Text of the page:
Come behind the scenes and into the jobs, the challenges, the highlights, and the personalities of the people who work at the Department of Conservation (DOC).
Today we profile the Kiwi Recovery Group.
What’s your team’s role at DOC?
We provide technical advice and guidance across New Zealand on kiwi conservation management and monitoring. Whether it is predator control, kiwi handling, monitoring, translocations, best practice—you name it, we’ve probably talked about it. We develop and review strategic recommendations and direction for the kiwi recovery programme and help to support our partners in growing kiwi conservation.
How does this help DOC achieve our goals?
The advice and support we give helps DOC staff to contribute to kiwi recovery. We are here to support DOC staff, community groups, captive institutions and iwi to do an amazing job so that kiwi can thrive in New Zealand for generations to come.
The national Kiwi Recovery Programme is complex and exciting—there are thousands of people working to protect kiwi—from Stewart Island to the Far North, led by a combination of community, iwi, DOC and other agencies, and with a variety of management tools and regimes. With such a well connected group, we are able to make links and recommendations that take into consideration a national perspective, the latest advances and changes in science, policy, and on-the-ground management as well as decades of experience.
Having external members and a combination of technical/non-technical also means a balanced approach to technical advice; strategy development and best practice are considered.
Who is in the Kiwi Recovery Group?
The Kiwi Recovery Group is not made up purely of DOC staff! We have 12 Recovery Group members which are a mix of DOC and external specialists that help us to provide technical advice for the wide range of issues that come up in kiwi conservation and develop national strategies and plans for kiwi recovery.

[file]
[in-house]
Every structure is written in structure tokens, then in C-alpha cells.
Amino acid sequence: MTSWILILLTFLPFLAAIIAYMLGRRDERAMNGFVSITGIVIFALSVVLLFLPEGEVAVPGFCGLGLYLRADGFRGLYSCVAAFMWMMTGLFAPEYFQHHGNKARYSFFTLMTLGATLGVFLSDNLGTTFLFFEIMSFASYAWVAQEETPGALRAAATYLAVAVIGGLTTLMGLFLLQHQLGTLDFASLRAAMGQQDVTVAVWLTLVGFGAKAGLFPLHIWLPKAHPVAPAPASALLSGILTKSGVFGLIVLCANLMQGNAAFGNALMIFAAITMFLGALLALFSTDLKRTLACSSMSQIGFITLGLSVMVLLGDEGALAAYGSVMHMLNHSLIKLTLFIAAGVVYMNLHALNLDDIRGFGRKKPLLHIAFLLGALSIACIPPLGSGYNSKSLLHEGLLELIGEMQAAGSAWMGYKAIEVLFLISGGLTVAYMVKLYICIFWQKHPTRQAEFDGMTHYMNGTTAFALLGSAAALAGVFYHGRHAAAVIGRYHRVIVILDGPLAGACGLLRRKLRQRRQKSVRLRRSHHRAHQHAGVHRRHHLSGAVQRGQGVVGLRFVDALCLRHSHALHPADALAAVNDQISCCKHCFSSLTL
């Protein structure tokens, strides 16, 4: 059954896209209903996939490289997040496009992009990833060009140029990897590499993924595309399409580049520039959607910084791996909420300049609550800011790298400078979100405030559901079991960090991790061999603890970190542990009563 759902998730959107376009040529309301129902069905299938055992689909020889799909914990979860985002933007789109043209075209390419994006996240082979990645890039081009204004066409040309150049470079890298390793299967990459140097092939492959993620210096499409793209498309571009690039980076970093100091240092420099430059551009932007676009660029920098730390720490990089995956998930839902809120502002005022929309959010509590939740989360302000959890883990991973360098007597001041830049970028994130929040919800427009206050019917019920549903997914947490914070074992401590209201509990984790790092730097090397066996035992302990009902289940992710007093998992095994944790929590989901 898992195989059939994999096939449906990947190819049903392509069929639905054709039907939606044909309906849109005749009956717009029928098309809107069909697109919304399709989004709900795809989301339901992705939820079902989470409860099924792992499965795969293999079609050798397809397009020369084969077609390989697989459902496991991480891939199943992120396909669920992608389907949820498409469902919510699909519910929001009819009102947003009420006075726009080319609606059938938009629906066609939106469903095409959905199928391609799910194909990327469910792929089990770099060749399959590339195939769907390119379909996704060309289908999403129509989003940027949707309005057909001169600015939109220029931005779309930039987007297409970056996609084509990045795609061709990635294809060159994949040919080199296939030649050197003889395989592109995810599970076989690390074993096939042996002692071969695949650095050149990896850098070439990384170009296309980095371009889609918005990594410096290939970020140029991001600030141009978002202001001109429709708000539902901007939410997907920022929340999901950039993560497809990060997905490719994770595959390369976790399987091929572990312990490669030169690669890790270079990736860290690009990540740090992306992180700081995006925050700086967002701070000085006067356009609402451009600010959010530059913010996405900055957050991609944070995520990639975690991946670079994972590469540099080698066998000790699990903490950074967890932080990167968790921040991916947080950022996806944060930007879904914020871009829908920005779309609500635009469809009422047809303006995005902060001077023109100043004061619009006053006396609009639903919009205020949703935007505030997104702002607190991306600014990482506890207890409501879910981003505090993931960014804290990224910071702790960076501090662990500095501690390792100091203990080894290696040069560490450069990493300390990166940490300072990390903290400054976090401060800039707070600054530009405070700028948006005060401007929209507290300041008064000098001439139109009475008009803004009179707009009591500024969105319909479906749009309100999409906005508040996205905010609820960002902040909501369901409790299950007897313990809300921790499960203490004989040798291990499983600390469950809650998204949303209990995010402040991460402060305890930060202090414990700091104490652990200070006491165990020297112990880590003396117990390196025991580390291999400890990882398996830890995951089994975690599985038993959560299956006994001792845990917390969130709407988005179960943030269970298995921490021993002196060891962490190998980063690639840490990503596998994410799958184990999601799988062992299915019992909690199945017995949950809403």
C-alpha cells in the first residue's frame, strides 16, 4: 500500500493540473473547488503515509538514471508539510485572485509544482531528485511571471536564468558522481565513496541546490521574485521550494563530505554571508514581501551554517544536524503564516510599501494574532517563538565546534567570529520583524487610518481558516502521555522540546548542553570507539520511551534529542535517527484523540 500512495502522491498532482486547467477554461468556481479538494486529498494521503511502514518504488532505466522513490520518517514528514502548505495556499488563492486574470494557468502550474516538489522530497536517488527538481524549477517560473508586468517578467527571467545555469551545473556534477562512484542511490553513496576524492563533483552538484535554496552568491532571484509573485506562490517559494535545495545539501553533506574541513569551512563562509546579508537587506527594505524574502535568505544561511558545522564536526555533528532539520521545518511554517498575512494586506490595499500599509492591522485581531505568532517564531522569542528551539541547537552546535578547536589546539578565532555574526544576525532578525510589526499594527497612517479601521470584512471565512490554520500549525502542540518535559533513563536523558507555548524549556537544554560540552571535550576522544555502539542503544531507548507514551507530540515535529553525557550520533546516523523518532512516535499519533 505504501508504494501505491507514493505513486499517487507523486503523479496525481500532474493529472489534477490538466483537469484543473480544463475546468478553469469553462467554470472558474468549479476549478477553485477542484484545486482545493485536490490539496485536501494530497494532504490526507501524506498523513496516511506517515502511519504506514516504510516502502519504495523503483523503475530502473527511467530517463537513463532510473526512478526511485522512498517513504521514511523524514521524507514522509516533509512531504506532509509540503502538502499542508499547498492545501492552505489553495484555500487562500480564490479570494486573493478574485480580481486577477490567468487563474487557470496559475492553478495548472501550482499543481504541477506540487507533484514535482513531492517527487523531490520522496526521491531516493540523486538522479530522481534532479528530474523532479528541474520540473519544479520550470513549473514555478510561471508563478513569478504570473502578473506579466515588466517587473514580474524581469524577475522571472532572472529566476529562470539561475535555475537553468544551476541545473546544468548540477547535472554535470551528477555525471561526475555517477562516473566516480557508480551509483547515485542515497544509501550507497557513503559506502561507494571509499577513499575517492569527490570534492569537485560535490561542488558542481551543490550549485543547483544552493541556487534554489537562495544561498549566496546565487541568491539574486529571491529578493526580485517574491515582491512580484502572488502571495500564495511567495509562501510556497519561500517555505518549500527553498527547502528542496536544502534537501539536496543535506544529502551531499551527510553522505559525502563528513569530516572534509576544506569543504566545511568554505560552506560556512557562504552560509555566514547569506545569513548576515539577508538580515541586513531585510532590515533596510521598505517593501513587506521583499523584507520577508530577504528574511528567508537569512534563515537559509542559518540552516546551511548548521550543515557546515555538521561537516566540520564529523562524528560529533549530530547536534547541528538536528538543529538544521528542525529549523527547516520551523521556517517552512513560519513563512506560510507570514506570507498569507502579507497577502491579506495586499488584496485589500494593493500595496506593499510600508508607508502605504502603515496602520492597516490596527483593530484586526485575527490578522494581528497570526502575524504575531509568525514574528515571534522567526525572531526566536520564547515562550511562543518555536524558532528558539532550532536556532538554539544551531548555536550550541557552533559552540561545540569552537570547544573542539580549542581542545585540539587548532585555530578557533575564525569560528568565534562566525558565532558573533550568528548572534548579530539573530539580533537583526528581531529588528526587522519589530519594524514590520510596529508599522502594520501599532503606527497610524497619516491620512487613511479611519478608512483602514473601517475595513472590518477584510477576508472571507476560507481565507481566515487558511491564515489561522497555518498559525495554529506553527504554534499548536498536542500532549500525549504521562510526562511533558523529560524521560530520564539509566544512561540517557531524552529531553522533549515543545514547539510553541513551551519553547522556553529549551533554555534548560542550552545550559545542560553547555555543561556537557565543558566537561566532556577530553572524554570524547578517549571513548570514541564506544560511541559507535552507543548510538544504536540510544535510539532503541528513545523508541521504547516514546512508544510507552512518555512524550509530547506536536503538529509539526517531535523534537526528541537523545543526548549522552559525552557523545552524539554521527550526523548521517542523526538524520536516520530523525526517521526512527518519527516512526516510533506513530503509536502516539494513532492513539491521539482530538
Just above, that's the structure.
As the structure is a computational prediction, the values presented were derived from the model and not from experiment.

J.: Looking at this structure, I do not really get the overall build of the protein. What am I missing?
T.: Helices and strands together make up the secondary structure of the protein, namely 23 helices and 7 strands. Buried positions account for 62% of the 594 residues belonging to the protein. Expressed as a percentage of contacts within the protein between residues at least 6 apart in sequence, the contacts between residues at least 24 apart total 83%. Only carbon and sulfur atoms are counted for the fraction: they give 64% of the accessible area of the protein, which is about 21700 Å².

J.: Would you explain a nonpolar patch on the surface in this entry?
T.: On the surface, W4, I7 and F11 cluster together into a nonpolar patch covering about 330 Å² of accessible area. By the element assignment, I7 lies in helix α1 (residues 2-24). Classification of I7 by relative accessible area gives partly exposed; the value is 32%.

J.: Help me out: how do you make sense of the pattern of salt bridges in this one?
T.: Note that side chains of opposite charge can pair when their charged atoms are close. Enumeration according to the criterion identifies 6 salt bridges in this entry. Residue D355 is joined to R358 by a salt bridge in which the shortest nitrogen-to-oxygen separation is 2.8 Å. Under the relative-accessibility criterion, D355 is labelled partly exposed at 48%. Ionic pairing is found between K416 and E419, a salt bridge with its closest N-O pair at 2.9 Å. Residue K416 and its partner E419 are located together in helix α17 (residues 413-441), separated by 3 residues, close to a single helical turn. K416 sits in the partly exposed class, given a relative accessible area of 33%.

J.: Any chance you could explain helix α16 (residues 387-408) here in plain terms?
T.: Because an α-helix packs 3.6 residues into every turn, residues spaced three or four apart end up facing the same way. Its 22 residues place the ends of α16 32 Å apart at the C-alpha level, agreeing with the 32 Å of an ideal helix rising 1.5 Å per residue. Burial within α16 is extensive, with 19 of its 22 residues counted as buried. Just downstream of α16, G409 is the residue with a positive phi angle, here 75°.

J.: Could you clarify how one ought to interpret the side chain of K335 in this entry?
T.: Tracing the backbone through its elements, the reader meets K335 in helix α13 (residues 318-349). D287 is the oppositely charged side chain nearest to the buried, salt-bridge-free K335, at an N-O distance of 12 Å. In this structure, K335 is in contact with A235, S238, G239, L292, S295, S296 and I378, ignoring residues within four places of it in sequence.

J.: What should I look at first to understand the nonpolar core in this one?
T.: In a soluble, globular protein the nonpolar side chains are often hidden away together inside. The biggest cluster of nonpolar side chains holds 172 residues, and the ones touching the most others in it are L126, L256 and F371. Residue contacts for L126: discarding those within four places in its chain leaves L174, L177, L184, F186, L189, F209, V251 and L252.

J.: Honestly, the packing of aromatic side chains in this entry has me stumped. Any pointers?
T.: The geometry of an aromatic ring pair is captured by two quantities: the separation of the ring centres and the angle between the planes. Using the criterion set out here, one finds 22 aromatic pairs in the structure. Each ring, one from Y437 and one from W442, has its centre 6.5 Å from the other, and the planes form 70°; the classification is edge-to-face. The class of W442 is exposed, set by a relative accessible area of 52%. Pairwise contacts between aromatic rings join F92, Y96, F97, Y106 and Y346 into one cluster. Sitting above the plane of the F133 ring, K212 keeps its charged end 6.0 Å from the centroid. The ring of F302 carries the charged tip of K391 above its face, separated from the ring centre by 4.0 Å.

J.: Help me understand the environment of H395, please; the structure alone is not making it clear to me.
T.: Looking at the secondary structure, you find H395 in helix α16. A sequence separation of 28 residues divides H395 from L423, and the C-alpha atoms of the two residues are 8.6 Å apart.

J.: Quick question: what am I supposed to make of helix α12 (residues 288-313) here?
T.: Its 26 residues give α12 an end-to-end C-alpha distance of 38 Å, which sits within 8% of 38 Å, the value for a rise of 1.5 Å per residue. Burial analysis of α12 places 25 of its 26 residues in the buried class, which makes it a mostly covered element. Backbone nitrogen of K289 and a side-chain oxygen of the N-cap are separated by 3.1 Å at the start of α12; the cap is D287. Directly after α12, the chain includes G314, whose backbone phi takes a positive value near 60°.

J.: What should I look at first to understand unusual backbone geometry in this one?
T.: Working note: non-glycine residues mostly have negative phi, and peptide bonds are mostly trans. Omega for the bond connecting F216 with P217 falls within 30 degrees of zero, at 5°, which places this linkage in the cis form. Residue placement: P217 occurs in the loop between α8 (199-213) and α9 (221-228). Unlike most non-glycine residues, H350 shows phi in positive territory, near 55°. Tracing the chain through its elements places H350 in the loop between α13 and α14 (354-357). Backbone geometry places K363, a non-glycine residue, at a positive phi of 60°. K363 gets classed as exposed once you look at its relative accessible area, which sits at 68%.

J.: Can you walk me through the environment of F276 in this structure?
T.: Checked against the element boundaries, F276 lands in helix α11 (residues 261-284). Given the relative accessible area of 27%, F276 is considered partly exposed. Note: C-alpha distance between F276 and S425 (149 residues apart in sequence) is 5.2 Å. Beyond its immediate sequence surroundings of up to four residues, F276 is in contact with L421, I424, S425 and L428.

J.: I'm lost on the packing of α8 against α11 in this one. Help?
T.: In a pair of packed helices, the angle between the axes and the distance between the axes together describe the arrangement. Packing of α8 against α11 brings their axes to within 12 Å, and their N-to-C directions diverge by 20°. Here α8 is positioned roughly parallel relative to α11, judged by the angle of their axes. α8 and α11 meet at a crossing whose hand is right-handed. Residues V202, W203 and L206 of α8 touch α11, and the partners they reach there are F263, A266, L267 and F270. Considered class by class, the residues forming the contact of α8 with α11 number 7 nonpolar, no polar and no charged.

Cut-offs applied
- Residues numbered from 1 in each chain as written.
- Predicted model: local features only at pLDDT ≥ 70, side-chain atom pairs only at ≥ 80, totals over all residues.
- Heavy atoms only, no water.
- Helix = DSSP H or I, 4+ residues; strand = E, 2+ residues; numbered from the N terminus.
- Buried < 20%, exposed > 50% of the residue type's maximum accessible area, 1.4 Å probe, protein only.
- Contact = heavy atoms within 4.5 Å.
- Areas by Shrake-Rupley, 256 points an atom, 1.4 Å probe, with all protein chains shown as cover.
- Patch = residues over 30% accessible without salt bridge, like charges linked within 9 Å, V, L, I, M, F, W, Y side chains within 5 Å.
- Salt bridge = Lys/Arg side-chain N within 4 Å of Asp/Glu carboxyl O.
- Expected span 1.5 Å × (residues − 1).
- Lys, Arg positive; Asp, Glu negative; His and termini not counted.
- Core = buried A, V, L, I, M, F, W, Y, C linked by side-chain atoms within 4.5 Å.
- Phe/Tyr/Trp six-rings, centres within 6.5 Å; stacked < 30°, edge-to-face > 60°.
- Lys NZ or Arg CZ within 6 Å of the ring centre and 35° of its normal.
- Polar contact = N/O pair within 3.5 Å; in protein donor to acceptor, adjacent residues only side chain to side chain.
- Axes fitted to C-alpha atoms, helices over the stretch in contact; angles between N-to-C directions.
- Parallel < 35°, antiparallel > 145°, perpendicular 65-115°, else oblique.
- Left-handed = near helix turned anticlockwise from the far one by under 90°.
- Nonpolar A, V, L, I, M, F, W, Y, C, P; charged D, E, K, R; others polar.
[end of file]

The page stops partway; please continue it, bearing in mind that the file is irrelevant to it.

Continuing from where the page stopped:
What guides you in your work?
The Kiwi Recovery Plan outlines the direction for the kiwi programme over a 10 year period. This gives us a game plan of where we are going and what we need to achieve to get there.
What is the hardest part about your team’s work?
Knowing that every member of the Recovery Group is busy and we all have other jobs to do. The Kiwi Recovery Group work is on top of this—so the hardest part is trying to get high quality and often complex advice back to kiwi practitioners and DOC staff in as timely a manner as possible. With the amazing amount of work being done with kiwi throughout the country, this can sometimes be quite a challenge.
What are your team’s favourite things?
Hearing about the success of kiwi projects—incredible work being done out there by iwi partners, community groups, captive institutions, and DOC staff all around the country! It is amazing to see what can be accomplished when so many partners join forces for a common cause!
What are your team’s pet peeves?
Yet another report of a kiwi killed by a dog. Dogs are currently one of the greatest threats to kiwi—in fact they are the number one cause of adult kiwi deaths in Northland! Yet it is one of the threats that should be so easy to overcome.
Keep dogs out of kiwi habitat whenever possible as this is the only sure-fire way to keep our kiwi safe. If you must have a dog in kiwi habitat, make sure that it is aversion trained or on lead.